Commentary

The Government Made Me Do It?

Hmm, CACI can’t be very happy about this development. Almost about two years ago it announced the release of Our Good Name, A Company’s Fight to Defend Its Honor and Get the Truth Told About Abu Ghraib.

Written by company chairman Dr. J. Phillip (“Jack”) London and the CACI team who defended the company during the crisis the book recounted how the Iraqi Abu Ghraib prison scandal of 2004 dragged the Virginia-based contractor into the spotlight.

For those that have forgotten, CACI was one of two companies implicated in the scandal. CACI, provided interrogators and the other, Titan, provided translators. CACI provided 27 interrogators to work in detention centers in Iraq. Several worked at Abu Ghraib, including Steven Stephanowicz, who was named in General Antonio M. Taguba’s report on events in Abu Ghraib.

Among other things Gen. Tabuba found:

In general, US civilian contract personnel (Titan Corporation, CACI, etc …), third country nationals, and local contractors do not appear to be properly supervised within the detention facility at Abu Ghraib. During our on-site inspection, they wandered about with too much unsupervised free access in the detainee area.

Given that it was written by CACI and published by Regnery a conservative publishing house, it is unsurprising that the book found CACI blameless of all charges and that it was the victim of “erroneous and malicious reports by a rampaging media.”

But that was then and this is now. Most people have moved on and relegated Abu Ghraib to the ash heap of history and CACI had successfully put all this behind it. Indeed, just yesterday its latest quarterly results were announced

We are pleased to report record third quarter net income of $26.7 million, or $0.87 diluted earnings per share. This net income was a 21.6 percent increase over net income of $22.0 million, or $0.72 diluted earnings per share, for the same period last year. The 16.3 percent increase in revenue in the quarter was driven by organic growth of 14.2 percent, reflecting the continued strong performance of our defense and intelligence businesses.

Indeed, it won approximately $65 million in previously unannounced awards from the Intelligence Community.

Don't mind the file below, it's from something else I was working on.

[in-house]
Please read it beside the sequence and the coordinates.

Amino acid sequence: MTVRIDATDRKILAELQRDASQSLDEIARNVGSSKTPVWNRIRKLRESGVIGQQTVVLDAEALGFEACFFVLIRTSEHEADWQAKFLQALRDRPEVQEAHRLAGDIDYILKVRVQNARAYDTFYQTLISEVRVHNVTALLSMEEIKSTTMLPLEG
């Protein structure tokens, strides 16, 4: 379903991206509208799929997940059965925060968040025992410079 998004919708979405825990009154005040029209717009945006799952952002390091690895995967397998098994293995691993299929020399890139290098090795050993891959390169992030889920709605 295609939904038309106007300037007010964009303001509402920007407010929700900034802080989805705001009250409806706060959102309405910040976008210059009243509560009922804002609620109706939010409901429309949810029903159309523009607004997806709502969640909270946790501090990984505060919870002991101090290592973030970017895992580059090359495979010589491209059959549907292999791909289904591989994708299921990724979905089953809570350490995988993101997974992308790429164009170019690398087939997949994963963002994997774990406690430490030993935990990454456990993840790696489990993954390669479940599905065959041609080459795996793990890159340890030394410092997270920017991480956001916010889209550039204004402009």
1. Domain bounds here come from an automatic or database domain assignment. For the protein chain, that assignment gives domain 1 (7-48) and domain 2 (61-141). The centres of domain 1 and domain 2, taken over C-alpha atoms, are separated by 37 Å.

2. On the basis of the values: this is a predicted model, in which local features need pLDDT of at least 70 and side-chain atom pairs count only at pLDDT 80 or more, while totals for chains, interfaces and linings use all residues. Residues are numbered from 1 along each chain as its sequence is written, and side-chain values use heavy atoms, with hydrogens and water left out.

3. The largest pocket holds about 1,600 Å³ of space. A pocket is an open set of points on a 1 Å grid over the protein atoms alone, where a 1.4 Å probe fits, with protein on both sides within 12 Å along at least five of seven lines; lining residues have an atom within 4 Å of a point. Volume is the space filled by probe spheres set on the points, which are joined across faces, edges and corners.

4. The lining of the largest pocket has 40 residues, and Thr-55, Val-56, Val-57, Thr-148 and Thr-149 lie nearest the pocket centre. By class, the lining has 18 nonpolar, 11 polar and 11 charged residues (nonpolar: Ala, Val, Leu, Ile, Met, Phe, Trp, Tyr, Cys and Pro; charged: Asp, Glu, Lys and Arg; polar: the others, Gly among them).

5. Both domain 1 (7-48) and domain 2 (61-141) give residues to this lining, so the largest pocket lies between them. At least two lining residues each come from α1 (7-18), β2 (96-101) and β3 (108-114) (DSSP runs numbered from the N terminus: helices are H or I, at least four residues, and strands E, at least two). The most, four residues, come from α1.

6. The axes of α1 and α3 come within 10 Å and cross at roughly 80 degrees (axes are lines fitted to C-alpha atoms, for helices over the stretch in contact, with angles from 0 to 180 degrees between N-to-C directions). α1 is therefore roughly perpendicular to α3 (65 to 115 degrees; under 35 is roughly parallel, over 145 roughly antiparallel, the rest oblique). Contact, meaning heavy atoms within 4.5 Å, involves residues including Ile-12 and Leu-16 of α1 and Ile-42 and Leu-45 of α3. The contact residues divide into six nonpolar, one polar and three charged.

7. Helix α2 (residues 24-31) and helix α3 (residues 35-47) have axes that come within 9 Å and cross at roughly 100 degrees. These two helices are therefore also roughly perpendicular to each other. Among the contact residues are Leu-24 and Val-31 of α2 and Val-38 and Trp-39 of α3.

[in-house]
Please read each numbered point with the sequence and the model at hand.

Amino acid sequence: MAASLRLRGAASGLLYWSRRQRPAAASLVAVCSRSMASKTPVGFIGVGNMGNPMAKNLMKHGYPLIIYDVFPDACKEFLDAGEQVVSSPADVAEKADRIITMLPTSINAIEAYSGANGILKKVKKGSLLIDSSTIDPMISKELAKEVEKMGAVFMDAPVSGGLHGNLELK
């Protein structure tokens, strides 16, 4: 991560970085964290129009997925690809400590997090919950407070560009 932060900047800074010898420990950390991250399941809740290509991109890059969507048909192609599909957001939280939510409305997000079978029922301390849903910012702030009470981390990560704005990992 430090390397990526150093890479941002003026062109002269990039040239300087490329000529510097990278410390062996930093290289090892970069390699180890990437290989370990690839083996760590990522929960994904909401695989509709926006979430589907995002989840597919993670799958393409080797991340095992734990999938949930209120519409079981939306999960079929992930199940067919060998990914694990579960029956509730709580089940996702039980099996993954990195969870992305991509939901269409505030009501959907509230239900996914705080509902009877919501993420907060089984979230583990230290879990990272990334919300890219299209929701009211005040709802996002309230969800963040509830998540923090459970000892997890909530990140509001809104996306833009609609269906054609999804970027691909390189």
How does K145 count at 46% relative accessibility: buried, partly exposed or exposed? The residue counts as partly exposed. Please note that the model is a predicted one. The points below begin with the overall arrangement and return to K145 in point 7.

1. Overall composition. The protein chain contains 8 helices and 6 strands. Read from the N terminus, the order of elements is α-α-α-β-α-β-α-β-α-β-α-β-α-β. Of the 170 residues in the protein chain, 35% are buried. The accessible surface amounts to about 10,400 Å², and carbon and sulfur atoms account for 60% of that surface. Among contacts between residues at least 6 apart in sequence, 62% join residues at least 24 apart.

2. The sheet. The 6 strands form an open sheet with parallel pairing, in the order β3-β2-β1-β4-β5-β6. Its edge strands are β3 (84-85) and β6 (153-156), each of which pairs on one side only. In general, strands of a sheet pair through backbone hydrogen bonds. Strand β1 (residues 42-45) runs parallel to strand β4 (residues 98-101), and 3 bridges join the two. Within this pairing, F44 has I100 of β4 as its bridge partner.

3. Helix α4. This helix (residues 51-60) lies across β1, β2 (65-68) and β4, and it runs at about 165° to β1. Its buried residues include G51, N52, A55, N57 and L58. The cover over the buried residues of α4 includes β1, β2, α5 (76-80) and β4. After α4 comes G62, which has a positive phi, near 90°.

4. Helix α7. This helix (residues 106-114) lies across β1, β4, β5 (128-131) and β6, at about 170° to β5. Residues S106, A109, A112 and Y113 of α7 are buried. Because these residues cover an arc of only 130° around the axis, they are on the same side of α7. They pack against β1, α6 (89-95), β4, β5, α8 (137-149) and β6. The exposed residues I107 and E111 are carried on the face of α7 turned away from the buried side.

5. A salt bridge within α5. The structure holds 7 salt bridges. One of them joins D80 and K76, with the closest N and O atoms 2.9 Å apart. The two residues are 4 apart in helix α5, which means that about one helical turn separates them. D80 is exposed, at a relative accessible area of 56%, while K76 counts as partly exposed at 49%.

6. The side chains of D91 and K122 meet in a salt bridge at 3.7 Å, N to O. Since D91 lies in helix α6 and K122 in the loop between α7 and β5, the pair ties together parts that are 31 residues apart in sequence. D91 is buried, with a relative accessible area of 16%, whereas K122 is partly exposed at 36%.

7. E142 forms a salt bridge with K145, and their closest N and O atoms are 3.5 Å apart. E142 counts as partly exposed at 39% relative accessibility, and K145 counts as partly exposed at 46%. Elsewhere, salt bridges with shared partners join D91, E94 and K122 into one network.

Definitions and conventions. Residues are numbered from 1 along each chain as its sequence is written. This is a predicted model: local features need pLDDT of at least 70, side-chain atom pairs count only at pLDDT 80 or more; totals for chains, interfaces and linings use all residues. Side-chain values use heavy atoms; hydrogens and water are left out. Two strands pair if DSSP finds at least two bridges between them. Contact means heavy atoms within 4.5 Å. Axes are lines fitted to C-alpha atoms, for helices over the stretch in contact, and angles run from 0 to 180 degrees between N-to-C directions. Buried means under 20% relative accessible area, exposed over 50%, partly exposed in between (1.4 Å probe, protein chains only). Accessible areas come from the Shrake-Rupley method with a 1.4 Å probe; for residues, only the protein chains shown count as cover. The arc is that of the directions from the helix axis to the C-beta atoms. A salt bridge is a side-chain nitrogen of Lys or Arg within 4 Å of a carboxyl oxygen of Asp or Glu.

And so CACI must be very happy; at least it probably was until this past Tuesday when the Center for Constitutional Rights (CCR) announced that it had asked the Supreme Court to take up the case against CACI and L-3 Services (formerly Titan).

CCR argues that the Supreme Court should hear the case because the Court of Appeals decision of September 11, 2009, gave corporate government contractors more protections than even U.S. soldiers enjoy, and constituted judicial overreaching. The lawyers also argued that the military’s own investigations had found CACI and L-3 employees participated in the torture, humiliation and dehumanization of the Iraqi civilians detained at Abu Ghraib. Finally, the lawyers argued that corporations could be held liable for war crimes, including torture, under international law.

The case it refers to is Saleh v. Titan, first filed in 2004, which is a federal lawsuit brought by more than 250 former Iraqi prisoners against private contractors CACI and L-3 Services that alleges the companies’ employees participated in torture and serious abuses while they were hired to provide interrogation and interpretation services, respectively, at Abu Ghraib and other detention facilities in Iraq.

The suit charges defendants with torture and other war crimes, as well as common law torts including sexual assault and battery, and negligent hiring and supervision. The acts to which the plaintiffs alleged they were subjected at the hands of the defendants and certain government co-conspirators include: rape and threats of rape and other forms of sexual assault; being forced to watch a family member tortured and abused so badly that he died; repeated beatings, including beatings with chains, boots and other objects; forced nudity; hooding; being detained in isolation; being urinated on and otherwise humiliated.

The history of the case thus far is that on November 6, 2007, U.S. District Court Judge James Robertson denied CACI’s motion for summary judgment and ordered a jury trial against CACI. CACI appealed this ruling to the Court of Appeals for the District of Columbia. In the same Order, Judge Robertson granted Titan’s motion for summary judgment, dismissing the case against Titan.

On September 11, 2009, in a 2-1 decision, a panel of the Court of Appeals for the District of Columbia affirmed the dismissal of all claims against Titan/L-3, and, reversing the district court’s decision, also dismissed all claims against CACI. Judge Merrick Garland, in his lengthy dissent, critiqued the “breadth of the protective cloak” that the majority “cast over the activities of private contractors.”

When one reads the suit one finds gems like this:

Respondent CACI admitted that CACI management was present at Abu Ghraib, and had the authority to stop their employees from torturing detainees. Respondent CACI claimed that their employees were nonetheless under the military’s command and control.

Of course, one wants to hear what CACI has to say about this new suit but one hope that its defense is something other than they were just following orders. Nuremberg-like defenses do not have much credibility these days. The government made me do it is not a sufficient defense for many regular military personnel and even less so for private contractors.

David Isenberg is an analyst in national and international security affairs and a US Navy veteran. He is also a member of the Coalition for a Realistic Foreign Policy, an adjunct scholar with the Cato Institute, and the author of a new book, Shadow Force: Private Security Contractors in Iraq.